GATLINBURG, Tenn. — Drivers in the Great Smoky Mountains National Park (GSMNP) are hitting a rare traffic jam on Newfound Gap Road.  Two juvenile elk have casually made their way from North Carolina to the Tennessee side of the park near the Chimney Tops trail.

Three young elk shocked biologists by making the same trip in 2018. The surprising part was the route the elk took across Clingman's Dome, the highest peak in the GSMNP.  The trip in 2018 marked the first time wild elk had roamed in the mountainous part of Tennessee in a couple of centuries. The young bulls later returned to North Carolina.

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In June 2018, biologists were unsure if these particular juveniles wandering into Tennessee was a one-time occurrence.  The park placed a GPS collar on one of the three young bulls in 2018.

02 Elk Newfound Gap Road Tennessee Great Smoky Mountains National Park 2019
Traffic jams beside two juvenile elk on Newfound Gap Road on the Tennessee side of the Great Smoky Mountains National Park.
WBIR

"Of the three that came over [in 2018], the one we collared is currently in Bryson City.  We assume the other two bulls are the two that are here now," said GSMNP wildlife biologist Ryan Williamson.  "It tells me they definitely have a travel path selected."

When the elk showed up near Chimney Tops trail head in 2018, biologist John Yarkovich accurately predicted elk would return at some point.  What he was unsure about was how soon it would happen.

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"We've seen elk have an uncanny ability to follow a trail from another elk years after that elk has been there. So, even if we don't see any other animals cross over the next couple of years, the next to come across are likely to take the same path these came over," said Yarkovich in 2018.

As with all wildlife, park biologists are warning visitors not to feed the animals or approach them.

01 Elk Newfound Gap Road Tennessee Great Smoky Mountains National Park 2019
Juvenile elk bull along Newfound Gap Road on the Tennessee side of the Great Smoky Mountains National Park.
WBIR

"Just be extra cautions when driving. There is not a lot of room for those elk and these two tend to be right on the roadside," said Williamson. "If you see an animal, give it its space. You don't want to alter its behavior. Stay back 50 yards. You don't have to get close enough to get a selfie."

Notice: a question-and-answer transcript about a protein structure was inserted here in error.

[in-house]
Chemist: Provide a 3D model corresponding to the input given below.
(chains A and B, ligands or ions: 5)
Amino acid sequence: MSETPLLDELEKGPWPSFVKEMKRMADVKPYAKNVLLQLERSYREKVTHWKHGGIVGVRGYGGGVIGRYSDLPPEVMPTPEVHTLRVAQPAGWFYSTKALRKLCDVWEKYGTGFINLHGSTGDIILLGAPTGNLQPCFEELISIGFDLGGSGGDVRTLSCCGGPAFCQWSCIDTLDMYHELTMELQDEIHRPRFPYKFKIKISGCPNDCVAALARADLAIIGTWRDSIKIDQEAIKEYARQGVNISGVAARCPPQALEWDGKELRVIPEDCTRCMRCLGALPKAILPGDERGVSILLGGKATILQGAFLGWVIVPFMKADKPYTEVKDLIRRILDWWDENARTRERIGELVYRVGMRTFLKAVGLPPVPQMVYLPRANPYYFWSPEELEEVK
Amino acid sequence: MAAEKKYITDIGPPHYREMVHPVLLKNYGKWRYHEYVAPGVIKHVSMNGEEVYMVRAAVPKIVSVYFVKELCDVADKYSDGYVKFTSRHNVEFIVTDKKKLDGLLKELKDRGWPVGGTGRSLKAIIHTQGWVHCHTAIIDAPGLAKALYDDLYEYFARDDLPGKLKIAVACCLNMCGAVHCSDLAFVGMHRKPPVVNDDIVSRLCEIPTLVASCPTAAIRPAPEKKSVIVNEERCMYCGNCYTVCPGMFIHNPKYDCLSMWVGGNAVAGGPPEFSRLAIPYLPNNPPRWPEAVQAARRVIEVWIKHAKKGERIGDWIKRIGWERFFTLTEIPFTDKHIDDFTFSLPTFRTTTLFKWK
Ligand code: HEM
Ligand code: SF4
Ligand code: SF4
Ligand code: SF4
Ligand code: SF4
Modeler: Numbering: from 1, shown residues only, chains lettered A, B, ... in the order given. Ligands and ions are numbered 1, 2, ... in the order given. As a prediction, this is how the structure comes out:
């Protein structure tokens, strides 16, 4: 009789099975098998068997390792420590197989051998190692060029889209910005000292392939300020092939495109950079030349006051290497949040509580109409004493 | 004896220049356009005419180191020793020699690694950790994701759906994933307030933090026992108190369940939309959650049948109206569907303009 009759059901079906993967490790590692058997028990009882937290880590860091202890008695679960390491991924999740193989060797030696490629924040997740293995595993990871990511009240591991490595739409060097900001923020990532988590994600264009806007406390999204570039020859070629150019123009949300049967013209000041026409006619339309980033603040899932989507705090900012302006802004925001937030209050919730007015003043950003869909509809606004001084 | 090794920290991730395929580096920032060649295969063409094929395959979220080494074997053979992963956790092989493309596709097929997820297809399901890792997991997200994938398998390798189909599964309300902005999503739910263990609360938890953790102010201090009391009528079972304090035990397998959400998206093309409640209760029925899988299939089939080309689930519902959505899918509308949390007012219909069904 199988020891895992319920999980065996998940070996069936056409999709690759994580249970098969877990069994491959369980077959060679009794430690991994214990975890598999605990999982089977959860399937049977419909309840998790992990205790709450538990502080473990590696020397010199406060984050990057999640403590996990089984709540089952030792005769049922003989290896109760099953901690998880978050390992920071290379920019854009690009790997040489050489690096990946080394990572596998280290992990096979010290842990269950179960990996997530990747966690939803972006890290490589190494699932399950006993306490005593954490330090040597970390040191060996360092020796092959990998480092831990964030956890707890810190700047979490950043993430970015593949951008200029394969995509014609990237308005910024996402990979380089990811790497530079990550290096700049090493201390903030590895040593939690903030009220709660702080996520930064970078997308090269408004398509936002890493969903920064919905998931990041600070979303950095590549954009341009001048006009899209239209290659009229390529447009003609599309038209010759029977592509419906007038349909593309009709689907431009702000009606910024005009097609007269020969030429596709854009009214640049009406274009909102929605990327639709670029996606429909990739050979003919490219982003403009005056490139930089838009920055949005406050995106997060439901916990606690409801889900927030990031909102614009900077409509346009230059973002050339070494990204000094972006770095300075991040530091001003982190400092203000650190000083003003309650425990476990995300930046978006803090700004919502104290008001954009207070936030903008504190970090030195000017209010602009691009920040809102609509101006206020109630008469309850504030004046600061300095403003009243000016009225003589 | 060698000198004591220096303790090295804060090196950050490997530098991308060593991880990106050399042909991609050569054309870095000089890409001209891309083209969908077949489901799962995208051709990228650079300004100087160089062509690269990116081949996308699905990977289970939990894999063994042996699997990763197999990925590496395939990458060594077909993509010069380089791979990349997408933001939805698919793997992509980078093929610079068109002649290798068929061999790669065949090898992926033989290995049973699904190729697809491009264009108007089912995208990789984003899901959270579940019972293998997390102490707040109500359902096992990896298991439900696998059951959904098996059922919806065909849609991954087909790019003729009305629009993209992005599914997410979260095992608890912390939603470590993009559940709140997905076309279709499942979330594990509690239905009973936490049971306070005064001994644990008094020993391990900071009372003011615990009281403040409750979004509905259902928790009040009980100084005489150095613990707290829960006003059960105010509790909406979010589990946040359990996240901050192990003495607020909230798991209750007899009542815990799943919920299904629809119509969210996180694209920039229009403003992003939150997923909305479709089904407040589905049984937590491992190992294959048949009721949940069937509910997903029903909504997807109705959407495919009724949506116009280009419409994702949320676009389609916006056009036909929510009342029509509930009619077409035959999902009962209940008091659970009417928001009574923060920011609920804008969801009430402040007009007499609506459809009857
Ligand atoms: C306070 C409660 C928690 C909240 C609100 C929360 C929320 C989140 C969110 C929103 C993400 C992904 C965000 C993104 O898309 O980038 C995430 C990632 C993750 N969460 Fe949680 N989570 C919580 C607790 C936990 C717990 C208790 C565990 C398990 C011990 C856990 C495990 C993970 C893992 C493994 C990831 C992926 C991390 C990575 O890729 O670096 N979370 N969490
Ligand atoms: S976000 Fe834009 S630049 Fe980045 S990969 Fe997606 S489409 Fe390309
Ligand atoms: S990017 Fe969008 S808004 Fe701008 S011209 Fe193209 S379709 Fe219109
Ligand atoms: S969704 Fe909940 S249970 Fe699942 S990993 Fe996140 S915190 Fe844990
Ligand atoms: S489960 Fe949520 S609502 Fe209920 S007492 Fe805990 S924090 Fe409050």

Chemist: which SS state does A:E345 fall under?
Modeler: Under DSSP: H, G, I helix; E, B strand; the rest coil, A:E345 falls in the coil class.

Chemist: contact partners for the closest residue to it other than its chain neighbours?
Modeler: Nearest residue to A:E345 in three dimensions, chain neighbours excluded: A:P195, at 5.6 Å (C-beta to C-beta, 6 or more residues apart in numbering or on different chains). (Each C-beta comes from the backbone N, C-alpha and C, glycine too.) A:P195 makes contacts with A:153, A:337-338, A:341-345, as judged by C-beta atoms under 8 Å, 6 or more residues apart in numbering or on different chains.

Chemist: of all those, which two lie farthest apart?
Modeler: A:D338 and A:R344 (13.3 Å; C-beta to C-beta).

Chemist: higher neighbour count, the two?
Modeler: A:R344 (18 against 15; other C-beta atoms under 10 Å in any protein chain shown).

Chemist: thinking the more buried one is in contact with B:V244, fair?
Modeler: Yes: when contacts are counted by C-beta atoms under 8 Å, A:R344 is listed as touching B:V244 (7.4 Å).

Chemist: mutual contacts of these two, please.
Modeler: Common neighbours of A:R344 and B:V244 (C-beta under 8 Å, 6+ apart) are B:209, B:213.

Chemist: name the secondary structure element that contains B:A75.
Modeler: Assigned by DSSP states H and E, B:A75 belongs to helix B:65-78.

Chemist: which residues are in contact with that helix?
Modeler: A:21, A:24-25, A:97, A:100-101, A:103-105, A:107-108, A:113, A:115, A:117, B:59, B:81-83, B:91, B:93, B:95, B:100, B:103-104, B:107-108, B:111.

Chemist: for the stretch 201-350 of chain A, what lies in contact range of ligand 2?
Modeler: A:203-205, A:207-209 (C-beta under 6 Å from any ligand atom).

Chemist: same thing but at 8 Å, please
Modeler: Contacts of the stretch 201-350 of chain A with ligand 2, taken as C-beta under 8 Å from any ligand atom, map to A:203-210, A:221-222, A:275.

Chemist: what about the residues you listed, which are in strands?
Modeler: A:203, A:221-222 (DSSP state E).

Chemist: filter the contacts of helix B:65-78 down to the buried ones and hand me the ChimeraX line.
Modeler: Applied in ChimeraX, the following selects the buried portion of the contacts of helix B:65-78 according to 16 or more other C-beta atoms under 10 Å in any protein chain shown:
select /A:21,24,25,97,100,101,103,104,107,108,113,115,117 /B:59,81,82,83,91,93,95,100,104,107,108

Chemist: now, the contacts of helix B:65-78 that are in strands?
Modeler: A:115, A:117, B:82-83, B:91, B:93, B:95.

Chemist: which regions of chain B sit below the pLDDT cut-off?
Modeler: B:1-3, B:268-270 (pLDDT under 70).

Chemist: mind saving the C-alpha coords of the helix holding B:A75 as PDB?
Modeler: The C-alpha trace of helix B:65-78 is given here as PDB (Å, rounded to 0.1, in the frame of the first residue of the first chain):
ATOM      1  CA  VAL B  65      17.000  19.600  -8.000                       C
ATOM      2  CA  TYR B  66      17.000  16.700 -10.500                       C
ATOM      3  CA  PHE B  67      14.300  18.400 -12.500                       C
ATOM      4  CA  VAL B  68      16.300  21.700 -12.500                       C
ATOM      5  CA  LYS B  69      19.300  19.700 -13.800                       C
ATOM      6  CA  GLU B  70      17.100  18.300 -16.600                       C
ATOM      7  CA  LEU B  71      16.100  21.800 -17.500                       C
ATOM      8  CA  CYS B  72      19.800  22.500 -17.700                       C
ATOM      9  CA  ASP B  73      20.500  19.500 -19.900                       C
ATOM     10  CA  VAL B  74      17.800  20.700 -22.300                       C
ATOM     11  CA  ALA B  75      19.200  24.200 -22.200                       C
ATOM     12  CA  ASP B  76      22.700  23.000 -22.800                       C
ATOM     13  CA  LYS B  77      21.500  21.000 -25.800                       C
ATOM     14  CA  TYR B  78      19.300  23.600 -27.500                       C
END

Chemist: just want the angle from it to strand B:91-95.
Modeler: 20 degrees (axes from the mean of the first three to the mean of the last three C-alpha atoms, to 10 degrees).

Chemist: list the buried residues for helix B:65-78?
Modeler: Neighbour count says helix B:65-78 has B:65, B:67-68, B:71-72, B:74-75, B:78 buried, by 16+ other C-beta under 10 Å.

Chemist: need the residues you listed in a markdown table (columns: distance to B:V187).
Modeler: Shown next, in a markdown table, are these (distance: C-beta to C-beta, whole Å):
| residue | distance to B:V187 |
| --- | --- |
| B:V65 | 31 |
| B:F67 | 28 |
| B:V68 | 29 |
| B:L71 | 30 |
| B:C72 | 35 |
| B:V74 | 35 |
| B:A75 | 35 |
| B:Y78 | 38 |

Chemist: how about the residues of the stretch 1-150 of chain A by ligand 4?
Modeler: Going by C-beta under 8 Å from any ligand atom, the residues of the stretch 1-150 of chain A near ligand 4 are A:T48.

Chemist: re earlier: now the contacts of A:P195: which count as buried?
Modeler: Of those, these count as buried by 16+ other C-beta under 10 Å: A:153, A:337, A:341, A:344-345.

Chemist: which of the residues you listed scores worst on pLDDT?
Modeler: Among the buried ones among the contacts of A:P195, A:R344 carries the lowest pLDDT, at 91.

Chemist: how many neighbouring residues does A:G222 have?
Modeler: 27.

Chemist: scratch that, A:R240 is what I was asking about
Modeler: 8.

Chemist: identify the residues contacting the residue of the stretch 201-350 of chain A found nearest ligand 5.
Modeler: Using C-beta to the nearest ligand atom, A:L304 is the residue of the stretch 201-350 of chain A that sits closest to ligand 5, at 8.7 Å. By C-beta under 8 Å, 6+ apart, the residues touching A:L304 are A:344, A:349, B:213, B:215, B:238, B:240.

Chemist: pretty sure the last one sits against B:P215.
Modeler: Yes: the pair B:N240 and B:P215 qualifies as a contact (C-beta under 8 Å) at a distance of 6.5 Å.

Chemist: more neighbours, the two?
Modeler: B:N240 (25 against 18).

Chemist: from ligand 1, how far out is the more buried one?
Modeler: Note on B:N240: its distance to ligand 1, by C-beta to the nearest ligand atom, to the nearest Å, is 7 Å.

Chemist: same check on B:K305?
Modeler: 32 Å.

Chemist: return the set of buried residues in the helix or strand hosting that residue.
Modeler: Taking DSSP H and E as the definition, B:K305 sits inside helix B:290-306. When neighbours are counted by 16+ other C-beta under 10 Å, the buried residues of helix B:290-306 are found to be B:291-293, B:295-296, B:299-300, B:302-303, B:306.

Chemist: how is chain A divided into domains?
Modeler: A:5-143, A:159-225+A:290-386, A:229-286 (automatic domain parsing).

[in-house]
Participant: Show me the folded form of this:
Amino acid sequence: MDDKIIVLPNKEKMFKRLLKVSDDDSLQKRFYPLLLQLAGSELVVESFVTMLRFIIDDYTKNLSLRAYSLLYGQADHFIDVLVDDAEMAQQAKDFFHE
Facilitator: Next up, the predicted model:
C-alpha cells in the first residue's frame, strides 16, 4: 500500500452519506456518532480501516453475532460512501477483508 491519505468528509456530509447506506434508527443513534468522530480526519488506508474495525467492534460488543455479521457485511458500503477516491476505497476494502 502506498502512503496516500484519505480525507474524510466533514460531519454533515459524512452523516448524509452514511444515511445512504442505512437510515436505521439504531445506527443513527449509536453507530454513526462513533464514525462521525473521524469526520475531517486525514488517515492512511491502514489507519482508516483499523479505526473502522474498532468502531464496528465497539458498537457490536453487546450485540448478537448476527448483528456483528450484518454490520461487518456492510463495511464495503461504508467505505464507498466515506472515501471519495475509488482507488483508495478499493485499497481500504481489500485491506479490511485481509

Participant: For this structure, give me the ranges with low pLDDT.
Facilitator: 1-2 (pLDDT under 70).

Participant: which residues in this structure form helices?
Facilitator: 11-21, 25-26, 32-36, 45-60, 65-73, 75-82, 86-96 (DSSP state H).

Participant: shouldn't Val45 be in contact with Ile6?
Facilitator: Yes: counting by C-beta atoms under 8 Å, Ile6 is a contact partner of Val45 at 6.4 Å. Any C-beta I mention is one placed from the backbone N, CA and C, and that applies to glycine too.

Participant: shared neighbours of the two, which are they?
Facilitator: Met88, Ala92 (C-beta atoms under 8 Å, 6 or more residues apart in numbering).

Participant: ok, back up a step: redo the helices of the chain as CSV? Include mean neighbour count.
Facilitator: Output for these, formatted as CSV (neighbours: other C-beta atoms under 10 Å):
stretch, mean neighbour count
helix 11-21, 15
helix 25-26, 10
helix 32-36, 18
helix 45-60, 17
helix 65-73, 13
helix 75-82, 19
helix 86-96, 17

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Elk were hunted out of existence in the Smokies a couple of centuries ago.  The GSMNP reintroduced a herd in 2001 in North Carolina, where they've mostly stayed put.  Some elk from the North Carolina herd have ventured to Tennessee before, mostly along the I-40 corridor in Cocke County. 

The two young bulls that make the trip across Clingman's Dome and Newfound Gap have a big reason to wander away from home.

03 Elk Newfound Gap Road Tennessee Great Smoky Mountains National Park 2019
Traffic slows to a crawl in both directions on Newfound Gap Road in the Great Smoky Mountains as visitors watch two elk graze on the roadside.
WBIR

"Mainly because they're getting pressure from a dominant bull in the hierarchy. It is usually the juveniles that wander around into new territory because they've been pushed out by the big bull," said Williamson.

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These two young elk have taken a Tennessee vacation away from the big bully for a couple of years in a row.  For now, they will graze in peace.  But like 2018, biologists predict they'll go back across the mountain to North Carolina when they get in the mood for love.

"We have not substantiated any females being over here yet. Until there are females over here, there is not going to be a permanent population," said Williamson.  "But these young juveniles will eventually grow to be dominant bulls. Who knows where they will lead their harem of cows in the future?"

04 Elk Newfound Gap Road Tennessee Great Smoky Mountains National Park 2019
Juvenile bull elk near the head of Alum Cave trail on Newfound Gap Road in the Great Smoky Mountains. Photo by Lauren Slome.
WBIR